Understanding a Water Softener System

You may have noticed some thick, scaly lines appearing on some of your home’s appliances. These deposits can also be found inside your home’s water pipes and as a result, you can hear a gushing sound when opening your water taps. These are symptoms of a supply of hard water to your home. Hard water doesn’t mean something strong or powerful. Water containing excessive minerals such as calcium, magnesium and manganese is classified as hard water.

If your home is supplied hard water, you’ll need a system to soften it. A water softening system essentially removes those excessive minerals, leaving soft water behind. A water softening system is composed of many components that harmoniously work together to remove excessive minerals, while at the same time adding some salts to restore the balance of ions in the water to be used at home.

How does a water softener work?

The principle operation of a water softener is known as ion exchange. Simply put, the softening of water involves the replacement of extra magnesium and calcium ions with sodium ions, resulting to the softening of water. To have an understanding of the water softening arrangement, let’s first get familiar with its different components.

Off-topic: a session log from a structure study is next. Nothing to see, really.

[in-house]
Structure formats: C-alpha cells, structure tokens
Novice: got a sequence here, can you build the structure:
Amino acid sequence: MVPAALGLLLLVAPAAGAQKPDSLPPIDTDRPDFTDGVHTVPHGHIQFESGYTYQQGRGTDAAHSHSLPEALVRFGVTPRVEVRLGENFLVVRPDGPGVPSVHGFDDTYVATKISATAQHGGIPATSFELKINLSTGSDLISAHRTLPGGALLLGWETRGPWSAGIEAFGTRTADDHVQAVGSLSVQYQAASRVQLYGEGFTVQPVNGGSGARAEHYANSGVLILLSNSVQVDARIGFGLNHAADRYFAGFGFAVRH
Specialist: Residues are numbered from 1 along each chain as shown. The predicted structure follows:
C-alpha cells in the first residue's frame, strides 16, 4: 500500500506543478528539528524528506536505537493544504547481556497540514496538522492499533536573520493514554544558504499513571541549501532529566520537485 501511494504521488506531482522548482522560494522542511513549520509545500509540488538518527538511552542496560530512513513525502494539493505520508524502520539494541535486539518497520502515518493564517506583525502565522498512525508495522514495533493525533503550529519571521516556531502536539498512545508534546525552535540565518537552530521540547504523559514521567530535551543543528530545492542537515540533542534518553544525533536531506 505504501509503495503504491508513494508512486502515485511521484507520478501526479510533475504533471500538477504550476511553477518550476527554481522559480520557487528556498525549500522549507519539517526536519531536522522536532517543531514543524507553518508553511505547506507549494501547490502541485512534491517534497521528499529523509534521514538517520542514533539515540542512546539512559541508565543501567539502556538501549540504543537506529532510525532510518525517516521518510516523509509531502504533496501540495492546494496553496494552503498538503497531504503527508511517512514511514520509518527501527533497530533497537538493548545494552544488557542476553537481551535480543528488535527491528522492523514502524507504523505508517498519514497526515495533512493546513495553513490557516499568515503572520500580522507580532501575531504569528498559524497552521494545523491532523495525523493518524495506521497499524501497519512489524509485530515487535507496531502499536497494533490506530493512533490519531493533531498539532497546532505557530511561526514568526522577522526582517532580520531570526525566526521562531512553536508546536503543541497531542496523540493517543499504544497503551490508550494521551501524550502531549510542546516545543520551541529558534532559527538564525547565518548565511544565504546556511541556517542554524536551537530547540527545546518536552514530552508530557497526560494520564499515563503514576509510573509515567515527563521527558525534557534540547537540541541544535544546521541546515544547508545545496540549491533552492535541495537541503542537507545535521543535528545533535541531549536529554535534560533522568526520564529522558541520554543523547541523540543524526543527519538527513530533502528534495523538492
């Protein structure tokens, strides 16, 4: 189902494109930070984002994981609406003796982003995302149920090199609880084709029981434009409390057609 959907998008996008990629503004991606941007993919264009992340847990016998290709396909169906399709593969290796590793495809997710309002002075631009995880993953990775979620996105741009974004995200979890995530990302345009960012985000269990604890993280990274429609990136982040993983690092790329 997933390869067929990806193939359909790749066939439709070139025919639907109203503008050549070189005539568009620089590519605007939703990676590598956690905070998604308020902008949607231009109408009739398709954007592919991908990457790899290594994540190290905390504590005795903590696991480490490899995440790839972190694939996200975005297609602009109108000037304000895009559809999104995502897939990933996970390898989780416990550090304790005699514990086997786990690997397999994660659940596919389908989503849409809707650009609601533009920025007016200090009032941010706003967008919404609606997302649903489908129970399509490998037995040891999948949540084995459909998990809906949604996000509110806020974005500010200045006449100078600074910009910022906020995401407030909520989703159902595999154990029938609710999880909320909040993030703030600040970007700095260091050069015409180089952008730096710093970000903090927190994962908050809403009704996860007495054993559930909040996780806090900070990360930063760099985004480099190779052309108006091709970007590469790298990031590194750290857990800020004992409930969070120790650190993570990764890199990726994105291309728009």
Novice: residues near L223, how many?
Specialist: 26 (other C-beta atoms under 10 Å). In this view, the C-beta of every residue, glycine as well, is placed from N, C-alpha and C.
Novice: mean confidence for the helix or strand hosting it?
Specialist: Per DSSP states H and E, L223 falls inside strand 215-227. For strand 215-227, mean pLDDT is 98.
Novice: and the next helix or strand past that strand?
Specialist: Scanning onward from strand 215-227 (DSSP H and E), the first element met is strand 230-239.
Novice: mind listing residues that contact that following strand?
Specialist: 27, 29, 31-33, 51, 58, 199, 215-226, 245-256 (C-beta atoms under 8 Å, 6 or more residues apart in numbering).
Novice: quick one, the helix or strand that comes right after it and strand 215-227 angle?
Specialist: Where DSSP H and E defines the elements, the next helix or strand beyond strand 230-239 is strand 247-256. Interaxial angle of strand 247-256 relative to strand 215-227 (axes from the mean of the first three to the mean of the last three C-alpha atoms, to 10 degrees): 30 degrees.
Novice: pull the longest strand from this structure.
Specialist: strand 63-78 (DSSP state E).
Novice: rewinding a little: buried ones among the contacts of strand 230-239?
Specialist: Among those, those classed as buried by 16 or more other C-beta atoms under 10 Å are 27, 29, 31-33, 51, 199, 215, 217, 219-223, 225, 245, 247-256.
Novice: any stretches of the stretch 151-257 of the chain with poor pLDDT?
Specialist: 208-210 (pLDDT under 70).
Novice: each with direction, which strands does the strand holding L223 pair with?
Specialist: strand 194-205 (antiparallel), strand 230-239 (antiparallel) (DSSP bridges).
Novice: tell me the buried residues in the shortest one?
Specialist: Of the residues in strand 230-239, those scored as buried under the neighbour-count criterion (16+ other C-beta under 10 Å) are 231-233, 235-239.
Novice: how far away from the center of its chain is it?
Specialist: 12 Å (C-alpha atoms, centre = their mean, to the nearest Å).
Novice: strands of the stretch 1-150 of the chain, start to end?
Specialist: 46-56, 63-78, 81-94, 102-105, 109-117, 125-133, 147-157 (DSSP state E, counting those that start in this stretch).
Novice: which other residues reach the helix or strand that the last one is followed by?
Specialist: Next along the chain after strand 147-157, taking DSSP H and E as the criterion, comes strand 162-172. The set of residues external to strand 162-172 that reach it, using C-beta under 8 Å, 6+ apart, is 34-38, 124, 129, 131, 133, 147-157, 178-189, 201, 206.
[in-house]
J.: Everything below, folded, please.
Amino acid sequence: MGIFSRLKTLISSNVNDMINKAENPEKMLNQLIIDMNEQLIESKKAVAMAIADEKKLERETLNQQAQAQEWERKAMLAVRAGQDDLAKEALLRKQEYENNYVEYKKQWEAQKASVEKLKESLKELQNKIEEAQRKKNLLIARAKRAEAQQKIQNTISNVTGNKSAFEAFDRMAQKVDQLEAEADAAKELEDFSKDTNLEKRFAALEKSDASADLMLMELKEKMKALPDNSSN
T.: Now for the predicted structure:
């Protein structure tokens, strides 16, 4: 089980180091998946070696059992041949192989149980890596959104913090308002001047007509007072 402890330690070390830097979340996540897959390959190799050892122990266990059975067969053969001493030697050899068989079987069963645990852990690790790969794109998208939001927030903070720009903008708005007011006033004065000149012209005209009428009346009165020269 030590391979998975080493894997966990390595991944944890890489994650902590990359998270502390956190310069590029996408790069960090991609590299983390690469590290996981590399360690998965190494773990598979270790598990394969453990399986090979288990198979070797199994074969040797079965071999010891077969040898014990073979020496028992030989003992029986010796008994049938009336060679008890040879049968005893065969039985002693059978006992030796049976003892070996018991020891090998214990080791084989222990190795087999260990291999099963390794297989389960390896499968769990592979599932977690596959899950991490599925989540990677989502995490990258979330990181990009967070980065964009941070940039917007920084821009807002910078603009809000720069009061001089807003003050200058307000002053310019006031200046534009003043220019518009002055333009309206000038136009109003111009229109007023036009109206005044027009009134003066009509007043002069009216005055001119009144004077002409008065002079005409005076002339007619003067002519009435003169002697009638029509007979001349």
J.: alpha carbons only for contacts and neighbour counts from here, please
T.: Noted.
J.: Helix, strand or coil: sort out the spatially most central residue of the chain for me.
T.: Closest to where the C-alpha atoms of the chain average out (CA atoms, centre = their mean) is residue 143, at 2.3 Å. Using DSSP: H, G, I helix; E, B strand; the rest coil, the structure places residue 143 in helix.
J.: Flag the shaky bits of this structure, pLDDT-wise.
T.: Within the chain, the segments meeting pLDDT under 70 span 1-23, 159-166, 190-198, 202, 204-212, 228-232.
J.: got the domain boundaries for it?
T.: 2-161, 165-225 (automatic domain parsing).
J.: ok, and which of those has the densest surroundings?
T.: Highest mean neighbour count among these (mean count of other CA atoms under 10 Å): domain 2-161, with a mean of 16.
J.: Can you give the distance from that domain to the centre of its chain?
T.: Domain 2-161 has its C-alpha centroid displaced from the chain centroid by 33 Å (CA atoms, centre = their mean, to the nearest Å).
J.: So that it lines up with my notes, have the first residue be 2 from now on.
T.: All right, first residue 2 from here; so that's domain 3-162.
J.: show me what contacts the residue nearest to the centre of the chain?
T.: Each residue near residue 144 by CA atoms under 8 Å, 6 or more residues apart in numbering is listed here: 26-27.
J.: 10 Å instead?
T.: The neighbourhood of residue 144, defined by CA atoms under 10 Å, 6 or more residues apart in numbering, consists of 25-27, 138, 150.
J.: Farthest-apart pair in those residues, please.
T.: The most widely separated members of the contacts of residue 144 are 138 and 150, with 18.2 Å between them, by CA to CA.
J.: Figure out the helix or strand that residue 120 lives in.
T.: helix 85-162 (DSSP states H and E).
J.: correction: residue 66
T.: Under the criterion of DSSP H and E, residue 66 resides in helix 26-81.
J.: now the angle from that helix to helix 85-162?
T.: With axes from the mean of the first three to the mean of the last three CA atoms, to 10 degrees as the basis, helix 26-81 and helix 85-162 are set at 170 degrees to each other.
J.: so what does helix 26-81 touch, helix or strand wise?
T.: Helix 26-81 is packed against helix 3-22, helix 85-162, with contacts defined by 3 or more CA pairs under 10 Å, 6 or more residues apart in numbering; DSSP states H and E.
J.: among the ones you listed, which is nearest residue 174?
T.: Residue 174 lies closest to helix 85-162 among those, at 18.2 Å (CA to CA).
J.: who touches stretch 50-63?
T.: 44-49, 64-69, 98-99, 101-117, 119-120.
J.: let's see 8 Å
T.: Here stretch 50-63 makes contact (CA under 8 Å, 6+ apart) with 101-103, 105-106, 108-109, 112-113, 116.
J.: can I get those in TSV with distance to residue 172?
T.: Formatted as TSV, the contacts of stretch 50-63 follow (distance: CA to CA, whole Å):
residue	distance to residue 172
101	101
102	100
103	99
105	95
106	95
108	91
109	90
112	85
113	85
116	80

Mineral Tank: Most of the action takes place in this tank. When entering this tank, magnesium and calcium ions in water, carrying a positive charge, get attracted by beads having a negative charge.

Brine Solution: The mineral tank on its inside has another layer, known as the brine tank, which holds a brine solution having a concentration of potassium or sodium ions. In exchange of calcium and magnesium ions, the softer provides these ions to water for maintaining an ionic balance.

Control Valve: To regulate the flow and pressure of water entering or leaving the tank, a control valve is included in the system. After the completion of the process of ion exchange, excessive minerals are kept behind, whereas soft water gets discharged through the pipes.

The process of water softener regeneration

Water softeners can be considered as filters or devices that are incorporated in water pipes of a plumbing system. Since the replacement of ions inside the tank necessitates the presence of salts plus minerals, we need to regularly regenerate the water softener to maintain the concentration of brine solution. Moreover, the tanks need to be cleaned without interrupting the delivery of soft water. Generally, the process of regeneration is automatic after you have setup the time limit. Most often, the maintenance of water softeners is carried through at night because it is convenient to temporarily stop delivering soft water. At the end of each service, the system resets for proper functioning once again.